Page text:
He had been to the site 20 days following the exhumation, and says: “several things like bones, hair, wallets and bullets had been left behind, I picked them up at the site and I had them recorded. But an officer from the Martyrs Ministry had said that Taimour had picked them up in a Kuwaiti mass grave. What on earth would a Kuwaiti soldier have wanted a baby feeding bottle for?!”

In Samawah Governorate, there are three Anfal mass graves. The exhumation of one of them started on 21 July, 2019, and contained the remains of 171 children and women.

According to Taimour, he is a survivor of that mass grave and those in the grave are his family, “there are many mass graves over there that I know of but am afraid of disclosing.”

“I am the only survivor of the Anfal genocide from my family and there are 110 people from my family and relatives in the grave. But up to this day, I have never been asked to provide my DNA sample to be used to examine and identify the remains.”

Taimour has opposed to returning the remains to Chamchamal. He says that they include his family and relative and should be taken to their birthplace in Garmyan.

The unearthed mass grave discloses many stories of the Kurdish genocide and the scene has been too tragic for many. “There was a blindfolded woman holding a newborn baby and was surrounded with six other children, a shoe belonging to a child was in the mother’s pocket. They were executed by firing squads. There were also backpacks, clothes, and the belongings of a newborn baby.”

The mass grave of Kurdish women and children has been exhumed on July 27, 2019. Photo: Fouad Osman has sent to Peregraf.

The Ministry of Martyrs and Anfal Affairs of KRG confirms that DNA tests have not been performed on the Anfal victims and their relatives.

Fuad Osman, spokesperson for the Ministry, said “these corpses are remains of 170 victims belonging to Samawah mass graves, and 2800 corpses have been previously returned.”

“Bone samples have been taken from the remains and the codes of the samples will be attached to the headstones. In the future, when DNA tests are performed for the samples and for the families, we will know which grave belongs to whom.”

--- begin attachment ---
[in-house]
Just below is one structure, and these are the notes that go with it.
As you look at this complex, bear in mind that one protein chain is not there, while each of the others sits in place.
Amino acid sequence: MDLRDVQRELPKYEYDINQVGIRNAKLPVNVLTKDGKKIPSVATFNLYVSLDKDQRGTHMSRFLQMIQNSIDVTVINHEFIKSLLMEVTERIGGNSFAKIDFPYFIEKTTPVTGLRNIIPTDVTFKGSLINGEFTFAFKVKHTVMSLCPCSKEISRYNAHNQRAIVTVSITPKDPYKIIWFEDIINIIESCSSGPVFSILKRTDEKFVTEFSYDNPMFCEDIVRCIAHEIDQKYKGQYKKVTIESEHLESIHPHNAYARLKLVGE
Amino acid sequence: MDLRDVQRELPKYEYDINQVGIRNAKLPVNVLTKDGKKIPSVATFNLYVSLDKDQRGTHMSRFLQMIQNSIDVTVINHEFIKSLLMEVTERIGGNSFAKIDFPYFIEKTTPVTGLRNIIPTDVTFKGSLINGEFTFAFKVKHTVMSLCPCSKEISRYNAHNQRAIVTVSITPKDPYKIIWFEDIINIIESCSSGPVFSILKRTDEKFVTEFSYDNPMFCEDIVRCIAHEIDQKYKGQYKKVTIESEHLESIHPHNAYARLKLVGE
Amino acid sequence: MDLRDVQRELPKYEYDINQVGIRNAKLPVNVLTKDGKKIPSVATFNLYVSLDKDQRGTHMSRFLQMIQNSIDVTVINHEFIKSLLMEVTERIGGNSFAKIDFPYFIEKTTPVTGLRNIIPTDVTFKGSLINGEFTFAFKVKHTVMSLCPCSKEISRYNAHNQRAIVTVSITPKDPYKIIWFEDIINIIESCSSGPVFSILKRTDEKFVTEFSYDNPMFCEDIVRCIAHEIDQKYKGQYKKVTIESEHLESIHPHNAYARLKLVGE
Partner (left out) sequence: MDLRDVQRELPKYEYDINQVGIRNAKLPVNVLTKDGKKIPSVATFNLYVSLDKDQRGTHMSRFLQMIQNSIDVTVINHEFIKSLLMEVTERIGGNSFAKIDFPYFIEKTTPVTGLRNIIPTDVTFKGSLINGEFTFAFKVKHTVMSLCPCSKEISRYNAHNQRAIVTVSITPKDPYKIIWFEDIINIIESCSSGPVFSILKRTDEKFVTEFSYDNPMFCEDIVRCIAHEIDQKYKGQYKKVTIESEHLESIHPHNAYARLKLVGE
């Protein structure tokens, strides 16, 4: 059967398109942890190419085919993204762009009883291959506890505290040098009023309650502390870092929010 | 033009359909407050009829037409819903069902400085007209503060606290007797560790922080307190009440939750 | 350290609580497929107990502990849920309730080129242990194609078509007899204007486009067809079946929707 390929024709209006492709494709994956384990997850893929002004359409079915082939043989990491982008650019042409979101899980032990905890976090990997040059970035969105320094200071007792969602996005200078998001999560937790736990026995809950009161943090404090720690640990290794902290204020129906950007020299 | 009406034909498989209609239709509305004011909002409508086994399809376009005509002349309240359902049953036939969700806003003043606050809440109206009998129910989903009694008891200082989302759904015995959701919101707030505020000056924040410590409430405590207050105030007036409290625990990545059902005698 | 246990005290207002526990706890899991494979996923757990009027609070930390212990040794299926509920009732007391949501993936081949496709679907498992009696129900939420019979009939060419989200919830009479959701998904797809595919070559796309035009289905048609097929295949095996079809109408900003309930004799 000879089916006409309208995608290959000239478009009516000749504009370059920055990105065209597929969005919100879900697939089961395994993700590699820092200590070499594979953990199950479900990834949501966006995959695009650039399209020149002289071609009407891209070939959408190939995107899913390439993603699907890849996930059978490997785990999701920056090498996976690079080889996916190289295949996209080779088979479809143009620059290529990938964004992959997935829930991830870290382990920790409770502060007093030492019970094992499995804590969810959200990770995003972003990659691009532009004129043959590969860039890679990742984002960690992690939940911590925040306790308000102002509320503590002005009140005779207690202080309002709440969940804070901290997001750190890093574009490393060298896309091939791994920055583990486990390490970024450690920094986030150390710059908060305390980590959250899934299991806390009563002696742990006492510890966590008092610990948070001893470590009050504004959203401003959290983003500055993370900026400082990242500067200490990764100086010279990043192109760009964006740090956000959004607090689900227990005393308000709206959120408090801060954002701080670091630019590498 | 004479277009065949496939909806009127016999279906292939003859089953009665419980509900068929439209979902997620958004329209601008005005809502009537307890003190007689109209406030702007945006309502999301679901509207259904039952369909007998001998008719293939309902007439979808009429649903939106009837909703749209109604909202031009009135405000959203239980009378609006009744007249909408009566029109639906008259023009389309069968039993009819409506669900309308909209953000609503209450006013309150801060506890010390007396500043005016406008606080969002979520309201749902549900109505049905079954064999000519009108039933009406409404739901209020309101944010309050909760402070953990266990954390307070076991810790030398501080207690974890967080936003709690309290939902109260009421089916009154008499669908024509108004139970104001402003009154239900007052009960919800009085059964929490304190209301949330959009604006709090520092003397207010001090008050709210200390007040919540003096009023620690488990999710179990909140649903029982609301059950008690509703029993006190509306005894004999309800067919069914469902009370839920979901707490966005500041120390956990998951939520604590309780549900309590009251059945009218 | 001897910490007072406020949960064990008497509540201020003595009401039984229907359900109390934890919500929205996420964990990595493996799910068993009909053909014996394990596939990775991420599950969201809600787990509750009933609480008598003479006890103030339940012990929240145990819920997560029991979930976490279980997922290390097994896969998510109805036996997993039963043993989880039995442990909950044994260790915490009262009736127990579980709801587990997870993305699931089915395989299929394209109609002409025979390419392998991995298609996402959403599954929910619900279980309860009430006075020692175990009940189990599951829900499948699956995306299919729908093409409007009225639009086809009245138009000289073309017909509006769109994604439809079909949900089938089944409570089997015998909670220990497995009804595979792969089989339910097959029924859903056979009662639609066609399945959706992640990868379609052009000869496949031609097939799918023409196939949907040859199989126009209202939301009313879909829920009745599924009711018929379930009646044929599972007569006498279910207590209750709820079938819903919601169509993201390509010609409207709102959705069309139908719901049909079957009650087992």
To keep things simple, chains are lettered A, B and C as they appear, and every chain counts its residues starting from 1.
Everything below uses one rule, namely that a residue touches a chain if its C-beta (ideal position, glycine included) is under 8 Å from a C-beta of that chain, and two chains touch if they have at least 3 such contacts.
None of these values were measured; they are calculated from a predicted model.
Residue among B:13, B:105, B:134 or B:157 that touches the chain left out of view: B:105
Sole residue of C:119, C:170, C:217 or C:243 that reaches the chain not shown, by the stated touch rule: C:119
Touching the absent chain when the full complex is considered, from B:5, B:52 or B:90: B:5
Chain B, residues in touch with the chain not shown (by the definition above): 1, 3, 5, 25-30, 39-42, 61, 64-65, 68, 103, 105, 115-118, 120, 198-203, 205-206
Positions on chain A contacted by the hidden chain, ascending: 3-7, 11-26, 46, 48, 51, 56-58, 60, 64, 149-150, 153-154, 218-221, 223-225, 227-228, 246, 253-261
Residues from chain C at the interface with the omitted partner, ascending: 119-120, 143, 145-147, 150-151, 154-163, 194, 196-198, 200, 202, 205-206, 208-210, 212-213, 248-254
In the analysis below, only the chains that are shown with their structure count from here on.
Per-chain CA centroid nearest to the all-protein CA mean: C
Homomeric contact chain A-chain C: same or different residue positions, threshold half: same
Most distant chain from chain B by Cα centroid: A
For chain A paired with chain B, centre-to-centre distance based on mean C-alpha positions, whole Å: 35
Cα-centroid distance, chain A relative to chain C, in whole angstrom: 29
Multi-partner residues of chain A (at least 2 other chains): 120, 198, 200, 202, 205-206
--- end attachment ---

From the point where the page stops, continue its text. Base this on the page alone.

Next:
According to Fuad Osman, the reason for not taking the tests for the time being is that “the process is too long, the expenses are high and it needs special teams and specific tools.”

Up to the fall of Ba’ath Regime headed by Sadam Hussain, some of the families of the Anfal victims held out hope that their lost relatives might still be alive and would return one day. For some years now, their only hope, especially for the lone survivors, is for DNA samples to be taken from them and the result to be saved until the return of the Anfal remains.

Salar Mahmood, counselor of the President of the Republic of Iraq, who closely oversaw the exhumation of the Samawah mass grave and followed the case in Forensic Medicine in Baghdad, said that there are flaws in the process. “DNA tests have not been performed on the victims’ families to be compared to those of the remains”, he told Peregraf.

He believes that it is a problem that concerns both the KRG and Iraqi Government, “it is a flaw and a negligence towards the long-awaited demand of the victims’ families”, he said.

He also mentioned that according to mass grave regulations, a monument should be built in the place of any exhumed mass grave to commemorate the victims.

“But this has not been done in Samawah deserts, which is a flaw.” He also believes that the team which is responsible for searching and exhuming the graves need more help and require adequate tools as their task is not easy.

The counselor requests international NGOs to closely supervise the process of examining and exhuming the mass graves.

Among 182000 victims of the Anfal and Barzani genocides, only the remains of 2500 victims have been returned to Kurdistan Region from the deserts of the middle and south of Iraq, which are buried under the Anfal monuments.

Salar Mahmood looks at the remnants of an Anfal victim

Dr Hunar Amin, PhD-holder in International Crime Law, told Peregraf: “one of the primary steps of recognizing a crime as genocide is by collecting evidences and documents on the victims; one of the significant evidences for the Kurds is those remains.”

According to Hunar, documenting the remains needs DNA tests to prove that the victims were Kurds, and then the results can be used in court even after 100 years.

“The Kurds have many documents to prove Anfal, and the documents will be complete with DNA tests.”

The International Crime Law expert suggests that by any means and at any cost the DNA tests should be performed on the remains to recognize them, if not, the case shall be weakened.

The Anfal Campaign lasted seven months in 1988, from February to September. During that period, the Ba’ath Regime displaced and executed 182000 Kurds in eight different provinces of Kurdistan in six stages, in addition to demolishing thousands of villages.